The following editorial ran in the Tennessean on June 7th.
After the tragic events of Sept. 11, 2001, I proudly served as a Surface Warfare Officer aboard a guided missile destroyer during Operation Enduring Freedom.
It was the highest honor to serve beside brave women and men willing to risk their lives to protect the United States of America.
At 22 years old, I learned the true meaning of “leave no man behind” and “failure is not an option.”
As an officer, it was my responsibility to ensure my sailors knew that I had their backs and would lay it all on the line for them regardless of their race, gender, religion, socioeconomic or political backgrounds. I made sure they were properly trained and worked through many issues our service members face every day.
This was my job, and I was proud to serve my division, my shipmates and my country.
As a civilian, it’s hard to believe our elected leaders willfully refuse to take care of their own, specifically the 280,000 Tennesseans without health coverage.
There are nearly 30,000 veterans in Tennessee who do not have insurance, because our elected officials refuse to expand Medicaid.
Many of our officials who are on state-covered health plans, including those who represent Williamson County, appear to be more concerned about getting reelected than they are about caring for our brothers and sisters returning home from the battlefield.
Today, more than 4,000 Williamson County residents who are working can’t afford health coverage.
Gov. Bill Haslam has proposed the conservative Insure Tennessee plan, which has the support of the majority of Tennesseans (both Republicans and Democrats), hospitals, insurance companies, chambers of commerce and clergy.
In any reasonable situation, Insure Tennessee would have passed. But because our politics are so broken, it never even came up for a vote.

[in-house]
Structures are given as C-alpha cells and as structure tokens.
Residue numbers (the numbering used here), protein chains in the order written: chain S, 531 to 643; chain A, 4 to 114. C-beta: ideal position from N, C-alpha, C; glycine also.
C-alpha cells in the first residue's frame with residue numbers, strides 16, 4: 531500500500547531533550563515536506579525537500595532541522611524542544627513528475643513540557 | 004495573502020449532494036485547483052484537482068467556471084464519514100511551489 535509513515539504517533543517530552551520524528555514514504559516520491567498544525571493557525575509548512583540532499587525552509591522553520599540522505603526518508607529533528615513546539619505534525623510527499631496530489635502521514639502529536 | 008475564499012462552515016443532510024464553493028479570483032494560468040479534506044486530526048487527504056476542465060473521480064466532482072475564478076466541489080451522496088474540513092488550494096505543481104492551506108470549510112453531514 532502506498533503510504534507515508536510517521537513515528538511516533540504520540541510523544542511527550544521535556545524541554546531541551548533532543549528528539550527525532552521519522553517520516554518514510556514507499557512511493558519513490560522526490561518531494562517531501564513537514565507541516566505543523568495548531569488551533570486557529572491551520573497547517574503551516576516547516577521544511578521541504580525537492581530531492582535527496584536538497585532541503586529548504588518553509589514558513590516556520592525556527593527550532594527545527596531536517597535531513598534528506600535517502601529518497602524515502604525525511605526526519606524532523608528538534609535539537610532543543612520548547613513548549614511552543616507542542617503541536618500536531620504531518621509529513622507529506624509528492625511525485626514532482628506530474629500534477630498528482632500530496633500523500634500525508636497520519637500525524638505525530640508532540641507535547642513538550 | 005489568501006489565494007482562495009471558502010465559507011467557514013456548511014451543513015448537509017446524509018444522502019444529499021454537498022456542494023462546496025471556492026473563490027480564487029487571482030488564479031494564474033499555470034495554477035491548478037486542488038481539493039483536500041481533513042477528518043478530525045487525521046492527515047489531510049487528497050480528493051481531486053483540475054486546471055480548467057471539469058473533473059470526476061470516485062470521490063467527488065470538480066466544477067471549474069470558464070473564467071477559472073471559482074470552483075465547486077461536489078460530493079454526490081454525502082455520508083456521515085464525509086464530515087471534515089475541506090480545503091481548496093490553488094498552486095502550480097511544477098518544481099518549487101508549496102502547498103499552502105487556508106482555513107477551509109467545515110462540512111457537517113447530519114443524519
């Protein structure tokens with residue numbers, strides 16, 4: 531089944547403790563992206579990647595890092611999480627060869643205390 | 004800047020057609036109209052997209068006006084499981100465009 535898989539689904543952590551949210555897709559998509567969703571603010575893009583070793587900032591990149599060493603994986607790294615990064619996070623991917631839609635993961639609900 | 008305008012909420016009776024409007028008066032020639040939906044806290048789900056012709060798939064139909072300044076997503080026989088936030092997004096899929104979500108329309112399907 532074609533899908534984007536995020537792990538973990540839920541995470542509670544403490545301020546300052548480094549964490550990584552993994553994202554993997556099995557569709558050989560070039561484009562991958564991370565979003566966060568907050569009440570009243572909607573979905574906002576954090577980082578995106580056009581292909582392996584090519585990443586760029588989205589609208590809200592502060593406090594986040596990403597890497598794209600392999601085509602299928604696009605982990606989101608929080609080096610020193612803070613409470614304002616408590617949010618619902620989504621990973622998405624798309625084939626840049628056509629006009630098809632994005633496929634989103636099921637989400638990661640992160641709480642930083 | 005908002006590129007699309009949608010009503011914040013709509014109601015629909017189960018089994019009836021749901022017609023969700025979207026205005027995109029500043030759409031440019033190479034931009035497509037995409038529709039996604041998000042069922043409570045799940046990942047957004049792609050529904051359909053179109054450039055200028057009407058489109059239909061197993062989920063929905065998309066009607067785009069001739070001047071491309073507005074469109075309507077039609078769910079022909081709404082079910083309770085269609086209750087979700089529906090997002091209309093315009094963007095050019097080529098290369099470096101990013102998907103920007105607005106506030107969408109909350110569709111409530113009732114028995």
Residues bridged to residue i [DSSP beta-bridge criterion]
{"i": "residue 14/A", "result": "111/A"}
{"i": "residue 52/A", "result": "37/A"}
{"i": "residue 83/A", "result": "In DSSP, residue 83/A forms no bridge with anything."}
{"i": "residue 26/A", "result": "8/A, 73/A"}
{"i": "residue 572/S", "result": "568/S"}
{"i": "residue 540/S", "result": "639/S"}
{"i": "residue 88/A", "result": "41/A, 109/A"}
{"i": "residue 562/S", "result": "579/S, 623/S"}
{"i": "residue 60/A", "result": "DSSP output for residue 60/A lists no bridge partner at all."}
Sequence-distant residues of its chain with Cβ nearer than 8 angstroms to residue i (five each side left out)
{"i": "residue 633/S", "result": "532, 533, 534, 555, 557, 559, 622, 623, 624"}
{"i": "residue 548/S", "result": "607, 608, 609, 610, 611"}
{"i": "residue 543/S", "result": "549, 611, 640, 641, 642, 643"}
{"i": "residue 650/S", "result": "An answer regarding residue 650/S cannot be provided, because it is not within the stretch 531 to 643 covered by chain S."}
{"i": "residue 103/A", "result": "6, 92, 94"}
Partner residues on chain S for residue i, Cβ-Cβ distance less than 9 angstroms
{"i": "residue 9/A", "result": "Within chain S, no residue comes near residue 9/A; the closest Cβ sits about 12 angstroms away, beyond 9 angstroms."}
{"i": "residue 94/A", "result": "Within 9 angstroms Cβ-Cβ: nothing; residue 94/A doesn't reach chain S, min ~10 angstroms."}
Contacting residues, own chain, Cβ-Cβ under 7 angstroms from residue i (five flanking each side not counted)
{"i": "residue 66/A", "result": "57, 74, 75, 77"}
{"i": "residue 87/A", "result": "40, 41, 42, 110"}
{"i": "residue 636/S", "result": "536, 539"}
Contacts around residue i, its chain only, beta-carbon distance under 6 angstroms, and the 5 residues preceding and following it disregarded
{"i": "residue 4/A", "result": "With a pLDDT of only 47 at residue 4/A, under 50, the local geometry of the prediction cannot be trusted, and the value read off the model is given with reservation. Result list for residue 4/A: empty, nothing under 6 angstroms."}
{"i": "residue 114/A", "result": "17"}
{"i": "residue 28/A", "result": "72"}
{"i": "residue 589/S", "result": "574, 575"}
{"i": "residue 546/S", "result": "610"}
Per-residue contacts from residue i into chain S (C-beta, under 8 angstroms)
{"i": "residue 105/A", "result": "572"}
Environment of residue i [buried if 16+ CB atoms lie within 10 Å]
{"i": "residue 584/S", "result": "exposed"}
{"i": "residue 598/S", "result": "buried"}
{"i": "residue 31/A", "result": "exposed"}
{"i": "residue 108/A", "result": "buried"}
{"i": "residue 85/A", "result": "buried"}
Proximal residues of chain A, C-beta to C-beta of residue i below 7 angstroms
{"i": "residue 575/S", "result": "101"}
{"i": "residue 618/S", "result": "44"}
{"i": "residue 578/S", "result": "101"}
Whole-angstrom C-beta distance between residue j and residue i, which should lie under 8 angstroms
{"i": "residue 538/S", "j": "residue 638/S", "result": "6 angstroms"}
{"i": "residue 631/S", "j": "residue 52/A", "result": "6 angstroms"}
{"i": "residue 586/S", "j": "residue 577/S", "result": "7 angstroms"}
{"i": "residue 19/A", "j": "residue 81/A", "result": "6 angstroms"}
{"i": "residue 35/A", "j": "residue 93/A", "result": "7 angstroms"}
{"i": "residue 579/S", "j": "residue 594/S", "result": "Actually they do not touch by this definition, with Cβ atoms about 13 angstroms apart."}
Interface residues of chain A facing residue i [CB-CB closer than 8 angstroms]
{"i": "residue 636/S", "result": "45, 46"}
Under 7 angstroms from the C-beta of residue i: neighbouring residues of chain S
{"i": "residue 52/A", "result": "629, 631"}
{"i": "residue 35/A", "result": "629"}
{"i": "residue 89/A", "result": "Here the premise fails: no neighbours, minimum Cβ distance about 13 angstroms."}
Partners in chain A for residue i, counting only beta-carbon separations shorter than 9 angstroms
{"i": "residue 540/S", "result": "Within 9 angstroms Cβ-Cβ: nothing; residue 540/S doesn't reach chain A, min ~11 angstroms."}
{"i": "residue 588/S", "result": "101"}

Middle Tennessee is home to some of the world’s leading health-care companies and providers.
A study from the University of Tennessee showed that the passage of Insure Tennessee would inject more than $1.1 billion in new health-care spending, creating more than 15,000 new jobs and $909 million in new income.
In many of our rural communities, hospitals are typically one of the largest employers and offer better-paying jobs.
Unfortunately, a number of our rural hospitals have closed across the state because of the high rates of uncompensated care. Just a few weeks ago, McNairy County lost its hospital, leaving residents with nearly an hour's drive to the nearest hospital.
The lack of leadership in our legislature is creating health-care voids across our state in communities where people need help the most.
As a veteran, I am outraged that our elected leaders are putting politics over caring for our soldiers.
As a mother, I’m appalled at the complete lack of empathy for those who are lost in the coverage gap.
As a taxpayer, I am furious that our leaders are willing to leave billions of our dollars on the table, while states like California and New York are benefiting on the backs of Tennessee taxpayers.
Today, nearly 30,000 Tennessee veterans are being left behind because of the failure to act by our elected officials. As a veteran, I cannot sit idly by as our servicewomen and servicemen go without the care they so bravely earned on battlefields around the world.
Supporting our troops is much more important than the next election and cowering to the demands of political donors.
Courtenay Rogers is a Navy veteran, a mother and a community advocate with deep roots in Williamson County. She is a candidate for state representative in the 63rd District.
Read the original article here: http://www.tennessean.com/story/opinion/contributors/2016/06/07/elected-leaders-put-politics-over-caring-soldiers/85571298/